I spotted the entrance to the restroom next to Bed Bath and Beyond across the way. I avoided sudden movements so as not to frighten the Mall Walkers as I traveled directly across the main concourse.

I did not hear the alarm. I did not smell the pheromone. I did not receive the psychic signal. But something alerted the Walkers, and they all turned to look at the intruder.

I had broken the cardinal rule of the Mall Walkers. I had left the designated path. My Carhartts suddenly seemed grotesque to me. How I longed for a track suit and white sneakers in that horrible moment.

I coyly strolled to the restroom and avoided eye contact. When I emerged from the restroom, I kept a keen eye out for the alpha males. I’ve heard they’re the most dangerous. I wondered if there was a silverback waiting in the Crocs booth that separated me from my nearest exit. I made my way past the Orange Julius without breathing.... trying not to show fear. I heard they bite you if they sense fear.

The morning sun seemed too bright after my time in the Walker's lair. On top of that, I couldn't find the car right away. I think that's a mall thing.

Once located, I steered my Subaru across town to Target. They open early, and the patrons wear pajamas at 8:30 am, not track suits.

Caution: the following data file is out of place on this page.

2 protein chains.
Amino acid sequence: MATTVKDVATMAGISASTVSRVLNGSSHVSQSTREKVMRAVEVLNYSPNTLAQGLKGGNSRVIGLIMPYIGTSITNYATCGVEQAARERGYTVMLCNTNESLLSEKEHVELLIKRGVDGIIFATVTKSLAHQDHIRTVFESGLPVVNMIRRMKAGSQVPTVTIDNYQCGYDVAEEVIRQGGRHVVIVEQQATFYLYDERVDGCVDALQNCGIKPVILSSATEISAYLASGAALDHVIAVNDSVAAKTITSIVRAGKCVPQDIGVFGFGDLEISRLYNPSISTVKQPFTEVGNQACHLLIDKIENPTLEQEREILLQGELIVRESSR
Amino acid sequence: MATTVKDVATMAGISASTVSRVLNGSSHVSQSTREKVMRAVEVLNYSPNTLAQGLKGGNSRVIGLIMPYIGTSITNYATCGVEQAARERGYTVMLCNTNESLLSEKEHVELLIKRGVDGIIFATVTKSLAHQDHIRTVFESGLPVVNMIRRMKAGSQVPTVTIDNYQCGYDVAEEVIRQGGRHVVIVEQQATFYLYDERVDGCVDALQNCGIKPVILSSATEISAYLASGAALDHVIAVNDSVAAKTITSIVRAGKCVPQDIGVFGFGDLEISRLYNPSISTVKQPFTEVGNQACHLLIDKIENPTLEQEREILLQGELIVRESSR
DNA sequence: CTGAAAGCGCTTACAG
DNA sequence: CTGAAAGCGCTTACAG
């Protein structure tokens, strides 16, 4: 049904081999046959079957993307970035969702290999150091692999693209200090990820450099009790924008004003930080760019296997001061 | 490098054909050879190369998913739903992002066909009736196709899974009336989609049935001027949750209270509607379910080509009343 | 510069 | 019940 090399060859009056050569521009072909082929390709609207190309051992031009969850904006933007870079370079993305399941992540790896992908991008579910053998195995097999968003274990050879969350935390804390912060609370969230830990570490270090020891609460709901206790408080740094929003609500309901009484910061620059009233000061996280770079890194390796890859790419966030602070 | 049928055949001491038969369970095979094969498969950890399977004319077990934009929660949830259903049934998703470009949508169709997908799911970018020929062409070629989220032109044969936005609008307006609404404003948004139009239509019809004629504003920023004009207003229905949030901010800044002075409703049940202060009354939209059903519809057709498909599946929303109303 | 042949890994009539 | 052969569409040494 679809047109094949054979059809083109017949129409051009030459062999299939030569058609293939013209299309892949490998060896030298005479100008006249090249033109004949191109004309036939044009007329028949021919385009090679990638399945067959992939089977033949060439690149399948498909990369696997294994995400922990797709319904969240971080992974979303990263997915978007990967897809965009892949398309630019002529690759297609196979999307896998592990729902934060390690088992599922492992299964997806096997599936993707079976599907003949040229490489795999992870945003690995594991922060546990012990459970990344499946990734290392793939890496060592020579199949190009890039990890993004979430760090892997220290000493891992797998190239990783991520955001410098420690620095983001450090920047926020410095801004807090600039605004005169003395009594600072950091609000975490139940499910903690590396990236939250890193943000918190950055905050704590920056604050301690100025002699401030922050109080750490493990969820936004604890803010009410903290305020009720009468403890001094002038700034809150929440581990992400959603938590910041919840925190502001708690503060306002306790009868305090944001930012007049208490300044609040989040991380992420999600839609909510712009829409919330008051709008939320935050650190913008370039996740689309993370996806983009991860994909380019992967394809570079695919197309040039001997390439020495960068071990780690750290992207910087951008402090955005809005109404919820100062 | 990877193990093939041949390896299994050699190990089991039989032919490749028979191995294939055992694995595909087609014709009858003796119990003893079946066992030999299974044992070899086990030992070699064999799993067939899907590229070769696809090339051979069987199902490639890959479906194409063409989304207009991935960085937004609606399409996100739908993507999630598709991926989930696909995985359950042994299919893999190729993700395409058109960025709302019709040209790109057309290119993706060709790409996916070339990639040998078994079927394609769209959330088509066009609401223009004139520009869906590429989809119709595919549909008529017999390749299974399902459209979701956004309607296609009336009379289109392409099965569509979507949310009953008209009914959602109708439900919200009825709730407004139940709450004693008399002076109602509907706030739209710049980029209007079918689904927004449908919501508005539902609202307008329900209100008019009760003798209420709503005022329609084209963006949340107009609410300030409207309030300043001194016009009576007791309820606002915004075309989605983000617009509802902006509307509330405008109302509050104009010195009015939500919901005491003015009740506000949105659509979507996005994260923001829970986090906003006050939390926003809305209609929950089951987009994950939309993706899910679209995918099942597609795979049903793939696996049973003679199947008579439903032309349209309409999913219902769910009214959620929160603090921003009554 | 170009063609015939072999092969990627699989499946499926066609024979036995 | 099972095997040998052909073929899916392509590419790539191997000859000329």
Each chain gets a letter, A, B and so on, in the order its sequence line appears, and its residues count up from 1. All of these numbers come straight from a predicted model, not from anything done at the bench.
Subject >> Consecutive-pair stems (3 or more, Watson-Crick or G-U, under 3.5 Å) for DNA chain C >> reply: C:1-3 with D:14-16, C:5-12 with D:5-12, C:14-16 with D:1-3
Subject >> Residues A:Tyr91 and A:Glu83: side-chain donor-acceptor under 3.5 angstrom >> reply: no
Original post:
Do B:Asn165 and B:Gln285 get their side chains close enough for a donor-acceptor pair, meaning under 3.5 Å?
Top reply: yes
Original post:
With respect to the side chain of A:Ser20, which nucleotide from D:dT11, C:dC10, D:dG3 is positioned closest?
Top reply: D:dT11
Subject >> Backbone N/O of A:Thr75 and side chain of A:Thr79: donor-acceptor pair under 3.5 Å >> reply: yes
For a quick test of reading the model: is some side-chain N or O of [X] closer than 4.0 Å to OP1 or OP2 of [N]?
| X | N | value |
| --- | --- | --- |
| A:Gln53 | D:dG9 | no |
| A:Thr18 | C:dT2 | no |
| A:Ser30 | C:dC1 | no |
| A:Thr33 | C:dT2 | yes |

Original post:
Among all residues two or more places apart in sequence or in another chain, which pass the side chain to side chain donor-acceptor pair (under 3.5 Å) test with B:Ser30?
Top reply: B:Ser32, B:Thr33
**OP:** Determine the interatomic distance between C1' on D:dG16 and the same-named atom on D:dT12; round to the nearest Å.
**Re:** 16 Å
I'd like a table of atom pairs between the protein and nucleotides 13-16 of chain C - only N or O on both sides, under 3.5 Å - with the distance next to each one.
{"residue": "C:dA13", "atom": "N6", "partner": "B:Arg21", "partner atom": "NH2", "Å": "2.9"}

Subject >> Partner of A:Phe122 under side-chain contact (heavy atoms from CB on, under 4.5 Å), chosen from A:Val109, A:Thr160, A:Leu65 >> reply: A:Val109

Wednesday, April 20, 2011

DMV Lines

The Department of Motor Vehicles line painters must have good senses of humor.

I went to get my motorcycle license at the DMV, and I got stuck behind some poor student-driver trying to park an SUV in a compact car spot. The catch was that they were ALL compact car spots – I’m talking, Mini Cooper size.

It’s pretty dern funny if you think about it for a second.

Inside, the waiting area was arranged like a game show with the chairs from one side of the room facing the other side. I chose the side with a couple of big guys. I figured if this turned into a fight, we could take the elderly lady and the woman with three kids sitting across the way.